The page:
10/10/06, Berkeley, CA–An elementary school in Honolulu, Hawaii, whose staff has worked closely with the Consortium on Reading Excellence (CORE), has seen dramatic improvements in the reading test scores of its students. These improvements led the school to boost its ranking from number 213 in the 2004 ratings of the state’s 259 public schools to number 72 in 2006, according to Honolulu Magazine. This whopping increase caused the magazine to name Ala Wai Elementary School as the state’s “most improved elementary school,” based on the overall gains made in its reading and math test scores, along with advances in student, teacher, and parent perceptions. The magazine ranked all Hawaii schools using data from the Hawaii Department of Education School Quality Survey and Hawaii State Assessment Mathematics and Reading Test Scores.

Although Ala Wai Elementary, which prides itself on “serving students from Molilili to Waikiki,” is situated next to Ala Wai Park in downtown Honolulu, the reality of its setting is far from scenic. It is located near the Hawaii Convention Center, in a neighborhood bustling with small shops, restaurants, and convenience stores. Because there are few single-family homes in the area, nearly all of its 500 students live in nearby apartment buildings and most walk to school every morning. More than 50% of the students are eligible for free or reduced lunches. About 75% are classified as Asian, while nearly all of the remaining 25% are White. Approximately 33% live in single-parent households. There are 33 teachers working at Ala Wai, serving a student body in which 33% of students have limited English proficiency and 10% are categorized as Special Needs.

Reading scores of students have improved dramatically since the 2001-2002 school year, when only 24% of fifth graders tested as proficient on the state’s reading test. By the end of the 2004-2005 school year, 59% of fifth graders were judged to be proficient readers. There were similarly striking changes in the numbers of students who were deemed to be “well below average” in reading proficiency. While 27% of fifth grade students fell into this category in the 2002-2003 school year, by the end of the 2004-2005 school year only 5% were found to be well below average.

These results are extremely gratifying for Ala Wai Elementary and for CORE, which was retained by the school specifically to improve the reading skills of its students. After the school staff had selected a scientifically-based reading curriculum, a CORE consultant assisted the school in the implementation. She trained all of the school’s K-3 teachers in the new approach, including special education and ESL teachers. The CORE consultant met regularly with the principal, curriculum coordinator, and Reading First mentor teacher to review the implementation plan.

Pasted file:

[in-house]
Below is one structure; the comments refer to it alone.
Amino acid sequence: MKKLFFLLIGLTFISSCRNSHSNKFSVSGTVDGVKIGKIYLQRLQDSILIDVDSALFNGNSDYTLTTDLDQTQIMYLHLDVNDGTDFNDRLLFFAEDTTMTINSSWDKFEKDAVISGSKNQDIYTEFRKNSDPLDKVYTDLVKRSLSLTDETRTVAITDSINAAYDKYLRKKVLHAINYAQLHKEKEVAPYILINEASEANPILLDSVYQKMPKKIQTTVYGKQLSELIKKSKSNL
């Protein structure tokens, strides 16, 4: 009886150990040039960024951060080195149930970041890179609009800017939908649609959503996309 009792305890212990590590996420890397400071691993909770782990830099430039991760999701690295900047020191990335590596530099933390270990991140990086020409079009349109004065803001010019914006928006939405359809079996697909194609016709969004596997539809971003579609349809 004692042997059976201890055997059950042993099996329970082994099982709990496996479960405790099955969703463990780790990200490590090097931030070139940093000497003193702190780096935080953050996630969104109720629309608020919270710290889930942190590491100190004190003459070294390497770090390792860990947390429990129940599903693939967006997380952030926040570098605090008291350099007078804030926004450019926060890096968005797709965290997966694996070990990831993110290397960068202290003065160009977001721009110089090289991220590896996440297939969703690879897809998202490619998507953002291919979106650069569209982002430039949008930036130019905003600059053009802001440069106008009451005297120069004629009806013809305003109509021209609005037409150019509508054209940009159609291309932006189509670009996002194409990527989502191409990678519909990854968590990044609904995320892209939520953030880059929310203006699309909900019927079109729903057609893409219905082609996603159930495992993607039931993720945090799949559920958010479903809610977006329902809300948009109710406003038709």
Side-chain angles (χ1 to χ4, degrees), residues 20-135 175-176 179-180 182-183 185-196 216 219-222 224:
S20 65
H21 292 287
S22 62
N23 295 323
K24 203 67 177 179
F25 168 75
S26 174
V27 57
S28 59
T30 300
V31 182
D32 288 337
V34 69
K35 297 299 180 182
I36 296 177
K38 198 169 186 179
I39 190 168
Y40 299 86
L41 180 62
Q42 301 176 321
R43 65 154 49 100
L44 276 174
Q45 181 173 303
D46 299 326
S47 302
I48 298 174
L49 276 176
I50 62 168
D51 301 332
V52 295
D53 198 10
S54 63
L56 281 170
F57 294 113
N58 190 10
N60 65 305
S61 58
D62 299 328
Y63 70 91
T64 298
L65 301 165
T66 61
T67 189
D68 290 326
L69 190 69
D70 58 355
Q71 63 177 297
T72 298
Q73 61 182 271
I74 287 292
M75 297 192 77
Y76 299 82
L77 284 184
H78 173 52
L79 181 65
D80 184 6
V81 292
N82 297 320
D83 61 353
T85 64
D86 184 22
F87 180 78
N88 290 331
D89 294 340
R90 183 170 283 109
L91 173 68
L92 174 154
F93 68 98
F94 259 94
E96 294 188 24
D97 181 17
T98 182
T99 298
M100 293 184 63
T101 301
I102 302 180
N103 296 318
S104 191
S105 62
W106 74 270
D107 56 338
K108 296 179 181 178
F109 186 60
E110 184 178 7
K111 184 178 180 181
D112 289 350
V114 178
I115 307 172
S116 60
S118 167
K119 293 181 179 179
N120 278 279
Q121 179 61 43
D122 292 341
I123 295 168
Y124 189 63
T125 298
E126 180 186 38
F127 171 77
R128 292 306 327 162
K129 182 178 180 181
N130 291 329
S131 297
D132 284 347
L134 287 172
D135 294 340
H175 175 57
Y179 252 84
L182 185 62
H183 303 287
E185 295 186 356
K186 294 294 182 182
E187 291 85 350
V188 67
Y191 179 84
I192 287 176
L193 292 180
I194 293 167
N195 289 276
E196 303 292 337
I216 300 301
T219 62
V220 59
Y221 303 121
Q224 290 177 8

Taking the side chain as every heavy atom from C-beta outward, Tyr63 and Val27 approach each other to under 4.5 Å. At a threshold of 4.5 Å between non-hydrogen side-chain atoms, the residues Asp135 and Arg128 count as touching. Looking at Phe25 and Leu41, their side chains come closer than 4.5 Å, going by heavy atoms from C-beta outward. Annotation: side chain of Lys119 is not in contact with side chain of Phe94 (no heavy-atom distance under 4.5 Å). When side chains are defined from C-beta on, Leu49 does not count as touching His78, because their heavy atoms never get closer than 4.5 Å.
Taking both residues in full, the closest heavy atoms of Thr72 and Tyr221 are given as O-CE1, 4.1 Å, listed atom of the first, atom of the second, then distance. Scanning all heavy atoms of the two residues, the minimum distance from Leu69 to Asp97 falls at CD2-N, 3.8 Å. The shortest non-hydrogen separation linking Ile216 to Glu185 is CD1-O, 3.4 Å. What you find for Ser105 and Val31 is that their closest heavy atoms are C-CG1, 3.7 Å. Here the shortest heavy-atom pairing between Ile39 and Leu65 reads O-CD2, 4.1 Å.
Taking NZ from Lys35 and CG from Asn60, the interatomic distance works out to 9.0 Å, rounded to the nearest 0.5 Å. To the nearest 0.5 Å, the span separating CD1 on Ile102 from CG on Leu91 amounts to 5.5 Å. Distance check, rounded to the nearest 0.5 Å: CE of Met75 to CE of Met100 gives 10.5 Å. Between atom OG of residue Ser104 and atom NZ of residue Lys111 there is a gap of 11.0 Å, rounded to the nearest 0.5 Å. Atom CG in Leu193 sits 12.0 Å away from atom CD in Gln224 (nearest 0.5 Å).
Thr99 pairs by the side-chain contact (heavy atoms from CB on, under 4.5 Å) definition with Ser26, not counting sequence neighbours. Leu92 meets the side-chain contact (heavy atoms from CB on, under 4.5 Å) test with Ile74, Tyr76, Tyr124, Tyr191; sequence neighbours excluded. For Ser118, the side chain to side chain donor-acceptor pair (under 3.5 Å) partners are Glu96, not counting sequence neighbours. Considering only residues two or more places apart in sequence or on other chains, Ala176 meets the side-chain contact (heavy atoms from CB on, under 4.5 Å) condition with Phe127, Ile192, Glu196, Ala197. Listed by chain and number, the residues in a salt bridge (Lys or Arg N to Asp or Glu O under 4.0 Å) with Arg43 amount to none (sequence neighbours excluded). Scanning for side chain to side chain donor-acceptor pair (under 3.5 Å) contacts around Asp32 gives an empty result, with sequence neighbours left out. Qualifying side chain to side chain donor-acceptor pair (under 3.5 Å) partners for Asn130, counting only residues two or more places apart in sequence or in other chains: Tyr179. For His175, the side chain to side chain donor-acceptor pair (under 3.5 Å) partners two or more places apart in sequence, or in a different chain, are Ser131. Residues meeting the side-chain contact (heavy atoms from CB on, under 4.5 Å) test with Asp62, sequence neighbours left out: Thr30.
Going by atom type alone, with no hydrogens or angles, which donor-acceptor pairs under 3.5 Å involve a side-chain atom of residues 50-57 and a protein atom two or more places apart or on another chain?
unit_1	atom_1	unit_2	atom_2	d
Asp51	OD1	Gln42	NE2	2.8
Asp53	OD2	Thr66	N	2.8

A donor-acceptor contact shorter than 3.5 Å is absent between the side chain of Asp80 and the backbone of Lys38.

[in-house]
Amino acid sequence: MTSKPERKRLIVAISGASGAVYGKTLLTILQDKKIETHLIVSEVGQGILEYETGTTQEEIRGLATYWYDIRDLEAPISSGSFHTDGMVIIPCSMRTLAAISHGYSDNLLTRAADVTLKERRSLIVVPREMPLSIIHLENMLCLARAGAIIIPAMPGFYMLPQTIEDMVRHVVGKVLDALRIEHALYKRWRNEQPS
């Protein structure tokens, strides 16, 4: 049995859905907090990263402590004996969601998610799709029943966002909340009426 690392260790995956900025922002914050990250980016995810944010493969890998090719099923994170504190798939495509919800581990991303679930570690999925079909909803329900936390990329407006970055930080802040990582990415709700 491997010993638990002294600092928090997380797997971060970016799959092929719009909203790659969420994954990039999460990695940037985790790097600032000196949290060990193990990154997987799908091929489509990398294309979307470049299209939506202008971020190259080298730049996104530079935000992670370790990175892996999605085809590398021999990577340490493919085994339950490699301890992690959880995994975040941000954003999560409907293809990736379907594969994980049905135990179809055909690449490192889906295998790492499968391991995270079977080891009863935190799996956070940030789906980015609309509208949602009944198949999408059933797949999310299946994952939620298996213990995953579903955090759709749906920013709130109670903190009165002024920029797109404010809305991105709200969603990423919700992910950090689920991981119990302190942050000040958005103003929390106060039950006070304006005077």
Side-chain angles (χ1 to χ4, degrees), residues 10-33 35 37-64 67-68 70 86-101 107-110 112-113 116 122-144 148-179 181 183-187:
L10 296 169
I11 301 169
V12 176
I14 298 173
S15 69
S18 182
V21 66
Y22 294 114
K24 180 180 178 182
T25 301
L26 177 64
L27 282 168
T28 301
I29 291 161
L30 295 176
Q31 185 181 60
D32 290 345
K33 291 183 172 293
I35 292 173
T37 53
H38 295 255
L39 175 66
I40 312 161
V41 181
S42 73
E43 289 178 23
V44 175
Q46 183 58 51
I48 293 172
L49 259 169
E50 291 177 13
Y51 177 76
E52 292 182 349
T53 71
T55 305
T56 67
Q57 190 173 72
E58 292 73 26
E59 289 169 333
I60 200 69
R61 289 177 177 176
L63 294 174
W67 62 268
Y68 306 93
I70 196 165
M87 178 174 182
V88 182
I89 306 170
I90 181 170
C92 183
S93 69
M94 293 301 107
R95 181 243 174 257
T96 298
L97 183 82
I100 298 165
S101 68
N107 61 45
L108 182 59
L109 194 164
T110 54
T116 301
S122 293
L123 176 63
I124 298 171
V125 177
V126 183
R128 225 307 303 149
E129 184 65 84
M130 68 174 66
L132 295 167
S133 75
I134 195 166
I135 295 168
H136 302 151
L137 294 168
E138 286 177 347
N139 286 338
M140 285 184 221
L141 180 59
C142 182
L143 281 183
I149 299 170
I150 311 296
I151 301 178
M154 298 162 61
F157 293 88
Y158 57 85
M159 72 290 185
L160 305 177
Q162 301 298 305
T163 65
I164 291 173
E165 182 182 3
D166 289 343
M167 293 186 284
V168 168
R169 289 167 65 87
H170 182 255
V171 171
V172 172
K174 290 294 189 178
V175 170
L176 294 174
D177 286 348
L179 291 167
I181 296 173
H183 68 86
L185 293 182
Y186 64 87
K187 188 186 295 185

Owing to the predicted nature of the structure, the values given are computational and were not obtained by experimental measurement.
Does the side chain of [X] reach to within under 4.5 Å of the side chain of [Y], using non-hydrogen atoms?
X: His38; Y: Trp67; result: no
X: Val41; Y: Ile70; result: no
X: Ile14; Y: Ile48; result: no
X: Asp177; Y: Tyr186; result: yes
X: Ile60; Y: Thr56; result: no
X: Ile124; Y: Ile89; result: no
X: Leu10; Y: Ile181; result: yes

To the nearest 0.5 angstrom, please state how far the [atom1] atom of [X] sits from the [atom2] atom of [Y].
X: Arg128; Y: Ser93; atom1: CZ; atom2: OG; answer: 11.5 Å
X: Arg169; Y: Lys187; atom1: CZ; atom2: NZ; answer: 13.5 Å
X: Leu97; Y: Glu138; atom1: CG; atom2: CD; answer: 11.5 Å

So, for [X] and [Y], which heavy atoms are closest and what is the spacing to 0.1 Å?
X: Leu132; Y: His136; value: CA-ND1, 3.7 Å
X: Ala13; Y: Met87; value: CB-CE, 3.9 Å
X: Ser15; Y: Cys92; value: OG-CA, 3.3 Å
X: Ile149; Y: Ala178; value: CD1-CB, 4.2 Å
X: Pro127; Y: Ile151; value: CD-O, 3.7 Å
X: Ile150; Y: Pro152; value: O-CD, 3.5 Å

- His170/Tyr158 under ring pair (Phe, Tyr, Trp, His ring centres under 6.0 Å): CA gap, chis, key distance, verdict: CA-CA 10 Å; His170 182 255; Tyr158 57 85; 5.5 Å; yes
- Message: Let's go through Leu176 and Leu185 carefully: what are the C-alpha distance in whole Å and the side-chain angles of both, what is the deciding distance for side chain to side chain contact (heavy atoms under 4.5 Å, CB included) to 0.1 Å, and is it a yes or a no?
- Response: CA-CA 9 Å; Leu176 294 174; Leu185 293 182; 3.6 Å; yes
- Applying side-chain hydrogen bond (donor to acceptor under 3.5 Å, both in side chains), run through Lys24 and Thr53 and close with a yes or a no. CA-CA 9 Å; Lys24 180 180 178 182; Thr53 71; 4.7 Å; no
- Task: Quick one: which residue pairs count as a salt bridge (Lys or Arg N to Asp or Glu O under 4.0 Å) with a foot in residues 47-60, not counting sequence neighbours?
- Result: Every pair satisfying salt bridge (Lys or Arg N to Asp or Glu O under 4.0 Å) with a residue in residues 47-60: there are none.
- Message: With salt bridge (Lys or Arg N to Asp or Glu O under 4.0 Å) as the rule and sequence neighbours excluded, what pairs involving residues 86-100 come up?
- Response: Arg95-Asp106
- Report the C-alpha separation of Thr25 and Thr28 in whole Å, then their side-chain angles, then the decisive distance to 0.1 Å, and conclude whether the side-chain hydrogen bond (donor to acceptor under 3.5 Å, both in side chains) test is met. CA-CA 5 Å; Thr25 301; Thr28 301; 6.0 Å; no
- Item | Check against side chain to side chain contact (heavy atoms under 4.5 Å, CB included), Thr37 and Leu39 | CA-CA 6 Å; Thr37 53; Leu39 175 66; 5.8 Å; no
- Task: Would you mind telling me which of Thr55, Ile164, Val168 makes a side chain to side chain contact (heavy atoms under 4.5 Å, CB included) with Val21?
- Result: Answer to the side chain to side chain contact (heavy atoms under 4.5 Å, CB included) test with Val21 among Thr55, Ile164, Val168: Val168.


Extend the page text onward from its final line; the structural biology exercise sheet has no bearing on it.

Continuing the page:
The test-score improvements demonstrate that the new reading program paid off quickly. The school’s principal, Charlotte Unni, says: “We really needed the affirmation that this brings to all the hard work of the staff and students. We definitely benefited from the help of our CORE consultant. She was professional, knowledgeable in the curriculum and in the change process, and skilled at working with all learning levels. She worked well with administrators and teacher leaders, pushing at the right time. We would not have been able to make the progress we did without the guidance and support from our CORE consultant.”

Further gratification for Unni and for the school staff came recently with Ala Wai’s selection as one of 15 schools chosen statewide for a study of “best practices” that is being sponsored by the Hawaii Business Roundtable.

The mascots of Ala Wai Elementary are the “Menehunes,” named for a mythic band of little people who are said to live in the deep forests and hidden valleys of the islands, far from the eyes of normal-sized humans. With their rapid rise to academic prominence and the public recognition of their accomplishments, the Menehunes of Ala Wai aren’t in hiding anymore. In fact, these “little people” are more than living up to their school motto: “Dream Big and Make It Happen!”

About CORE

Bill Honig, President and former California State Superintendent of Public Instruction, founded CORE in 1995. CORE serves as an advisor to K-12 schools, school districts, and states on the implementation of literacy instruction validated by scientifically-based reading research. Through technical advice, professional development, and onsite implementation support, the company builds the capacity of its clients to achieve sustained literacy achievement.

Visit www.corelearn.com to find out more information and to register.


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